Defendant asserts that the phrase “knows or has reason to know” does not articulate an ascertainable standard of guilt, and is so indefinite that it does not have any real meaning. He claims that the statute is therefore unconstitutionally vague because it confers on the fact-finder unstructured and unlimited discretion to determine whether an offense has been committed.
The evidence at trial showed that at on October 25, 2002, at approximately 2:40 a.m., after being dispatched to the scene, Officer Craig Edmondson encountered defendant in the middle of a road yelling. Officer Edmondson was dressed in his police uniform and his police car was a fully marked patrol vehicle. The officer stopped his car in the middle of the roadway, turned on the red and blue overhead lights, and positioned the spotlight directly on defendant. At this point defendant was standing with his back to Officer Edmondson directly in front of the police vehicle, yelling and making hand gestures. Officer Edmondson surveyed the scene and did not see anyone else around defendant. Officer Edmondson got out of his vehicle, yelled at defendant in an attempt to get his attention, and tried to make eye contact with defendant.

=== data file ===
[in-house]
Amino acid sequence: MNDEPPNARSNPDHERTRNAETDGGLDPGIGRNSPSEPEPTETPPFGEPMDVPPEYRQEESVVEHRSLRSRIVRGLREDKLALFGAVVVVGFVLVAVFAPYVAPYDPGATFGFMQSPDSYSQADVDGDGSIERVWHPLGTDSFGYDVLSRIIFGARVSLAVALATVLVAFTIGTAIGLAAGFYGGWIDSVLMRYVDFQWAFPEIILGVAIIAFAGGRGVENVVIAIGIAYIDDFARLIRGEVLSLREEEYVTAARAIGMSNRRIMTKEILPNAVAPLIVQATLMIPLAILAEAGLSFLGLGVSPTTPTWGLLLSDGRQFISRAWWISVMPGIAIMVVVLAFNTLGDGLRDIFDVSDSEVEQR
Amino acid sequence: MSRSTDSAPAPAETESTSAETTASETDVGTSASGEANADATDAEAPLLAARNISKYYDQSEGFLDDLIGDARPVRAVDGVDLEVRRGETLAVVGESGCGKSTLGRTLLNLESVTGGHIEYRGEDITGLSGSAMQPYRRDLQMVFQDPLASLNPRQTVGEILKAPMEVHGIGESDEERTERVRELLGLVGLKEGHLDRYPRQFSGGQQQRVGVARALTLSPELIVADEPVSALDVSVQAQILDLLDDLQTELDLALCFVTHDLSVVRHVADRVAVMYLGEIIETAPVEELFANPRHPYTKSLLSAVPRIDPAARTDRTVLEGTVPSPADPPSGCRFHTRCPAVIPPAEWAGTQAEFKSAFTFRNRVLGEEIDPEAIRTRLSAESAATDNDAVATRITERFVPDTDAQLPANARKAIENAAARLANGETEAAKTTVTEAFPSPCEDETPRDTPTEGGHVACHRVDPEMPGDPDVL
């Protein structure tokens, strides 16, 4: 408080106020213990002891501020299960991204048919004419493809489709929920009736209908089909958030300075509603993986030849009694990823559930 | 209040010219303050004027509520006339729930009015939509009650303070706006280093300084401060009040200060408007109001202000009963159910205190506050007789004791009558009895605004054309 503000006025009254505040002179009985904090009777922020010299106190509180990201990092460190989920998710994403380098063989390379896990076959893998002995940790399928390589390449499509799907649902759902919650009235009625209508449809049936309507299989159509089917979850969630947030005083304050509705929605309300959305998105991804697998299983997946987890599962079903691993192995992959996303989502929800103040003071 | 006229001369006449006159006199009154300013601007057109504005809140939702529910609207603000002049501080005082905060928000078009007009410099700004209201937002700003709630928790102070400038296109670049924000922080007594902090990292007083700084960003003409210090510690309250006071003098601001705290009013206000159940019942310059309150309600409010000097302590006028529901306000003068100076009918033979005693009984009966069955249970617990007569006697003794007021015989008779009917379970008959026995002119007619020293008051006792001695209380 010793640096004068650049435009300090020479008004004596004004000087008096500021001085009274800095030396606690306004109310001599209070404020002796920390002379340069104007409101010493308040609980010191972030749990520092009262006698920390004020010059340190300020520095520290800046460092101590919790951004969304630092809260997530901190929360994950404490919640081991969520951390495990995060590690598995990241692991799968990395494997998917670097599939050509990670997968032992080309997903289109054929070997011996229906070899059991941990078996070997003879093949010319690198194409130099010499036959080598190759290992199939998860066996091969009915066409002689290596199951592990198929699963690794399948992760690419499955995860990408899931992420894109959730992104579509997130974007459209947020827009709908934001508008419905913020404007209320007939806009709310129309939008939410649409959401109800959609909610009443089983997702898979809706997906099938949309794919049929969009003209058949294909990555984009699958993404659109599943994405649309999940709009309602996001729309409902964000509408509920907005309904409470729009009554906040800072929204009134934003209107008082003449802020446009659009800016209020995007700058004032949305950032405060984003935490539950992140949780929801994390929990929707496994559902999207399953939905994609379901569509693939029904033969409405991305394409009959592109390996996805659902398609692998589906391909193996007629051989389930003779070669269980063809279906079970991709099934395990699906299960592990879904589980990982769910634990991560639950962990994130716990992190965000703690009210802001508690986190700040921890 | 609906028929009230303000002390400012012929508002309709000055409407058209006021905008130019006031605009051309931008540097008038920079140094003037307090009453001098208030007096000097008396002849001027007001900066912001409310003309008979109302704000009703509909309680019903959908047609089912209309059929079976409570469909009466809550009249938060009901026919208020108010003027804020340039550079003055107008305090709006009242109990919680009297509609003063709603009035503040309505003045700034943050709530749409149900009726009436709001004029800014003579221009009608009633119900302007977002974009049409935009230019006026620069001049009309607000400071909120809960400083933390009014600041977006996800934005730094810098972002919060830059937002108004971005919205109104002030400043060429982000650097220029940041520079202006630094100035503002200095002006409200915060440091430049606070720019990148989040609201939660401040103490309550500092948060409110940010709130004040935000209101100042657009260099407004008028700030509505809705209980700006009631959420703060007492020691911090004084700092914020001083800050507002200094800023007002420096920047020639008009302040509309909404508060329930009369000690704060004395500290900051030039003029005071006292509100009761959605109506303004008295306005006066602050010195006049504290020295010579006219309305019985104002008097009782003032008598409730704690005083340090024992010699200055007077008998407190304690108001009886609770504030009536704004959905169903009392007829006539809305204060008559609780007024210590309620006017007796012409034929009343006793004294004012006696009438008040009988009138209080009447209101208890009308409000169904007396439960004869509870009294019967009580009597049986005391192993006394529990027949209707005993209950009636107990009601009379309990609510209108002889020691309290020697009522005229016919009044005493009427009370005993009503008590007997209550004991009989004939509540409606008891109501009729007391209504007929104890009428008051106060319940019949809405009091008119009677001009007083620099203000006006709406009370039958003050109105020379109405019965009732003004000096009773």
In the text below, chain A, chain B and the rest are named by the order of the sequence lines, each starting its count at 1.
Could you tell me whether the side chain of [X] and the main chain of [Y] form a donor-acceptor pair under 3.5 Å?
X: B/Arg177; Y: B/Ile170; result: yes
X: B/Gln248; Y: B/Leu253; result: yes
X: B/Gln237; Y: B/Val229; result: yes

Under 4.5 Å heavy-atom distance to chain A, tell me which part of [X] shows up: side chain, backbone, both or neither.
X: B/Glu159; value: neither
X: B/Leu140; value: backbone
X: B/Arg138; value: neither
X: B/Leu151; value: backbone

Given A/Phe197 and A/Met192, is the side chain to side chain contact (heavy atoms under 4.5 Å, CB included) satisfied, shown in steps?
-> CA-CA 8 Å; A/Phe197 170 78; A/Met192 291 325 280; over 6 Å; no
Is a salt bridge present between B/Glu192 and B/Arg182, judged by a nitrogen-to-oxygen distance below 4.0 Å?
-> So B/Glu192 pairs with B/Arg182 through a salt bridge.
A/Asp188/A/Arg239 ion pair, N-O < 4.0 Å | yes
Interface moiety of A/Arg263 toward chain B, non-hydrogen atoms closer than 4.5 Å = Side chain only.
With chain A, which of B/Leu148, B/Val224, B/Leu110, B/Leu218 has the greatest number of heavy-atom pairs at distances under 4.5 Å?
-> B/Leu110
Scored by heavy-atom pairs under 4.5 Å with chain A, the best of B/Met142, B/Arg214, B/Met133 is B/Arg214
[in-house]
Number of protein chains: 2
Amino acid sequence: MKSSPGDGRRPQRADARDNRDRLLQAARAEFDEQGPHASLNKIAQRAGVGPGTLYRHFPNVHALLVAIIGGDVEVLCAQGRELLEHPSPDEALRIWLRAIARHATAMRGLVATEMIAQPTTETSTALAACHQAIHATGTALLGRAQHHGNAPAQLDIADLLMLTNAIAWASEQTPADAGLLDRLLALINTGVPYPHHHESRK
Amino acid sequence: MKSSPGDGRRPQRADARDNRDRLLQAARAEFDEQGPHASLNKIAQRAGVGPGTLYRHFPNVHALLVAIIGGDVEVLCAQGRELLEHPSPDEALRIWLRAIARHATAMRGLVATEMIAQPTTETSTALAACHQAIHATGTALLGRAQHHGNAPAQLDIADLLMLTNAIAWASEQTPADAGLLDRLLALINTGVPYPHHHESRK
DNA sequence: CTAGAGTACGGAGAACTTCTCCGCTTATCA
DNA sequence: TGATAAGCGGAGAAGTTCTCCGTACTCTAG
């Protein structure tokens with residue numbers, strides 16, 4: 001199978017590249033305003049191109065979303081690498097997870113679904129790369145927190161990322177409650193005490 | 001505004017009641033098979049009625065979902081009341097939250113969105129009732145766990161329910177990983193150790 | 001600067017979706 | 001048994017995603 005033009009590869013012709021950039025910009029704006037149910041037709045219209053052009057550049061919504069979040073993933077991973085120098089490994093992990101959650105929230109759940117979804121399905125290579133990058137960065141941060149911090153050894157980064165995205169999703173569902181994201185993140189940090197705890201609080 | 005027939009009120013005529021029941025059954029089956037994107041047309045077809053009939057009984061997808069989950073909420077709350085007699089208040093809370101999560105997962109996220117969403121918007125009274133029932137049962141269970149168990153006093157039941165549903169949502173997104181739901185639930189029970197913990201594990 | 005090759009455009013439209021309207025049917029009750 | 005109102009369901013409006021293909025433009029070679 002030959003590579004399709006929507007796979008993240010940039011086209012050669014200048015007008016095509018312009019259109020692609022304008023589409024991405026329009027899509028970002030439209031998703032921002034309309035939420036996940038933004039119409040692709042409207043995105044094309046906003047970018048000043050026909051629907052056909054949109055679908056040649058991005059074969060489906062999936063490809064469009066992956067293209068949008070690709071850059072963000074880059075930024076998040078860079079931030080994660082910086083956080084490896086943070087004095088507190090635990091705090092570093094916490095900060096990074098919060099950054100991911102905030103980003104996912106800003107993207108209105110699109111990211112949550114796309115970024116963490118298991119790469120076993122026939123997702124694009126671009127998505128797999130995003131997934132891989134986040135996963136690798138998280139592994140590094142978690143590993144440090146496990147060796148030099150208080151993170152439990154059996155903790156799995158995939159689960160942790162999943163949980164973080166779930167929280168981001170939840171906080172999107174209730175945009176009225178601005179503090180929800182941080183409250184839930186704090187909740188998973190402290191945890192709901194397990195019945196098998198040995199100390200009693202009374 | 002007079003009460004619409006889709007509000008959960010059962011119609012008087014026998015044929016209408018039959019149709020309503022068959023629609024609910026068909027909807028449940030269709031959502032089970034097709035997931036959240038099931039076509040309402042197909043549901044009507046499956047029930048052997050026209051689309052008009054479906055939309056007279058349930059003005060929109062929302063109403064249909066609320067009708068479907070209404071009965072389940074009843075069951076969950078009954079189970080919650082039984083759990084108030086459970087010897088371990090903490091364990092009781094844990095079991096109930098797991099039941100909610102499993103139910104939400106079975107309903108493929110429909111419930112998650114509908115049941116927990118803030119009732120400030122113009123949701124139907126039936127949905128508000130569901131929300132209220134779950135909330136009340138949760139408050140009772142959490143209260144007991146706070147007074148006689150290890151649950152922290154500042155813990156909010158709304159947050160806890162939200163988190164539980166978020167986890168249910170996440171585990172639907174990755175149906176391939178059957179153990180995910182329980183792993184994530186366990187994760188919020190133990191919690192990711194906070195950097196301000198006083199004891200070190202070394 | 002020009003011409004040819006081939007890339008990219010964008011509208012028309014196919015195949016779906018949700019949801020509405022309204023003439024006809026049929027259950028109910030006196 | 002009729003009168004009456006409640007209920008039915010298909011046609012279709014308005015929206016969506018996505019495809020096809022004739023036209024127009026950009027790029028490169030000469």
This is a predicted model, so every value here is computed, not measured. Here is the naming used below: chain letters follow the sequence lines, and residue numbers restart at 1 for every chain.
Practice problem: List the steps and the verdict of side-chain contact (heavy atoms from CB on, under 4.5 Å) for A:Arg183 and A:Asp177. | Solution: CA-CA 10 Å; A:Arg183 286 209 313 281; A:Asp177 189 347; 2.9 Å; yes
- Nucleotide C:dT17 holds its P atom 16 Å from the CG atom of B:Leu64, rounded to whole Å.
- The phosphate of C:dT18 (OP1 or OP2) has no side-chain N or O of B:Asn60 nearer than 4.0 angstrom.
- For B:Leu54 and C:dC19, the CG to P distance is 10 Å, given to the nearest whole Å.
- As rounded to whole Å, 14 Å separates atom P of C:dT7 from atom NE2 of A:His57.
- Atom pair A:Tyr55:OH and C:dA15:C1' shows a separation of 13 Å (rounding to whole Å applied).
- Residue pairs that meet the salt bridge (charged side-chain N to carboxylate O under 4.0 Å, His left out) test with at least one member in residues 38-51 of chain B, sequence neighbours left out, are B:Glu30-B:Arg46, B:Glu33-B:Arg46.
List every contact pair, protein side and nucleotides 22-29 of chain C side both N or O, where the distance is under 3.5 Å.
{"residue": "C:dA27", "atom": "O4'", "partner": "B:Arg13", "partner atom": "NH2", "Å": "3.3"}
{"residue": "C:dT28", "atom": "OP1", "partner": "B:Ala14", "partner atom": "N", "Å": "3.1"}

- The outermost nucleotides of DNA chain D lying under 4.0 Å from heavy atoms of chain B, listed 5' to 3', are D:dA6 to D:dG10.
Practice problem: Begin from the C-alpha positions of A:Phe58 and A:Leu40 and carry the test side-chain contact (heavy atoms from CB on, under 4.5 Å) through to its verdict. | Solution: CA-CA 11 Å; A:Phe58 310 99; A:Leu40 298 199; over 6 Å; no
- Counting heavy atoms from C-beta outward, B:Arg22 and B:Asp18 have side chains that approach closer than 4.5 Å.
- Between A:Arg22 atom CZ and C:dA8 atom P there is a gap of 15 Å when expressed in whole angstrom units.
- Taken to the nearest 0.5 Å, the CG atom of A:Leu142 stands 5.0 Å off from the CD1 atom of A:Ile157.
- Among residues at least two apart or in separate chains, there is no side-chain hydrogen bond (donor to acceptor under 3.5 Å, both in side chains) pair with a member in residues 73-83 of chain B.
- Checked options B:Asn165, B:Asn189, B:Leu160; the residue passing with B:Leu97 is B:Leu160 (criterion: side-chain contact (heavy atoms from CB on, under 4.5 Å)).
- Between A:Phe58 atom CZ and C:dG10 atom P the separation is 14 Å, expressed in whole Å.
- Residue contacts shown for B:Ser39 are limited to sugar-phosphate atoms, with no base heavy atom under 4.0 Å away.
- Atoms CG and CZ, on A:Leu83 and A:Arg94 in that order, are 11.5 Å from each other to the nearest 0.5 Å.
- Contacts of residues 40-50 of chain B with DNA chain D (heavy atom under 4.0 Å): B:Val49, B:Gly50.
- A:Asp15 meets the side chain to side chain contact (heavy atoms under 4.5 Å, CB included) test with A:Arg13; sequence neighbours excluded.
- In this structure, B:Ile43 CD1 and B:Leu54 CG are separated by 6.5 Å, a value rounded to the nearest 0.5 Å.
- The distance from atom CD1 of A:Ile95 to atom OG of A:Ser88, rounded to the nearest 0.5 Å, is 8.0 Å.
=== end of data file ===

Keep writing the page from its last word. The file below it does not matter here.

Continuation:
Defendant continued yelling, and walked toward the right side of the police car and then behind the vehicle but did not look at the officer. Officer Edmondson turned around and walked to defendant. As Officer Edmondson raised his hand in an attempt to keep defendant at a safe distance, defendant, who was sweating, and screaming in a high-pitched voice, looked at the officer with wide, dilated eyes. Defendant swung at Officer Edmondson's hand and yelled “I'm going to die first.” Officer Edmondson loudly commanded defendant to calm down and relax. Defendant pushed the officer, hit his vest, started kicking, and ran away while screaming expletives directed at Officer Edmondson. The officer pursued defendant for approximately two blocks, grabbed defendant, and got him under momentary control. But, defendant continued to push, pull, kick, scream, and bite. A wrestling match then ensued until back-up arrived and another officer assisted in attempting to subdue defendant. However, the officers were unable to control defendant in order to handcuff him and only after a third officer arrived and assisted in apprehending defendant were the officers able to handcuff him. Throughout this time the officers repeatedly gave defendant oral commands to calm down and stop resisting. Defendant continued to resist and kick at the officers as he was taken into custody. There was evidence admitted at trial that at certain points during the mêlée defendant appeared to be in full possession of his faculties.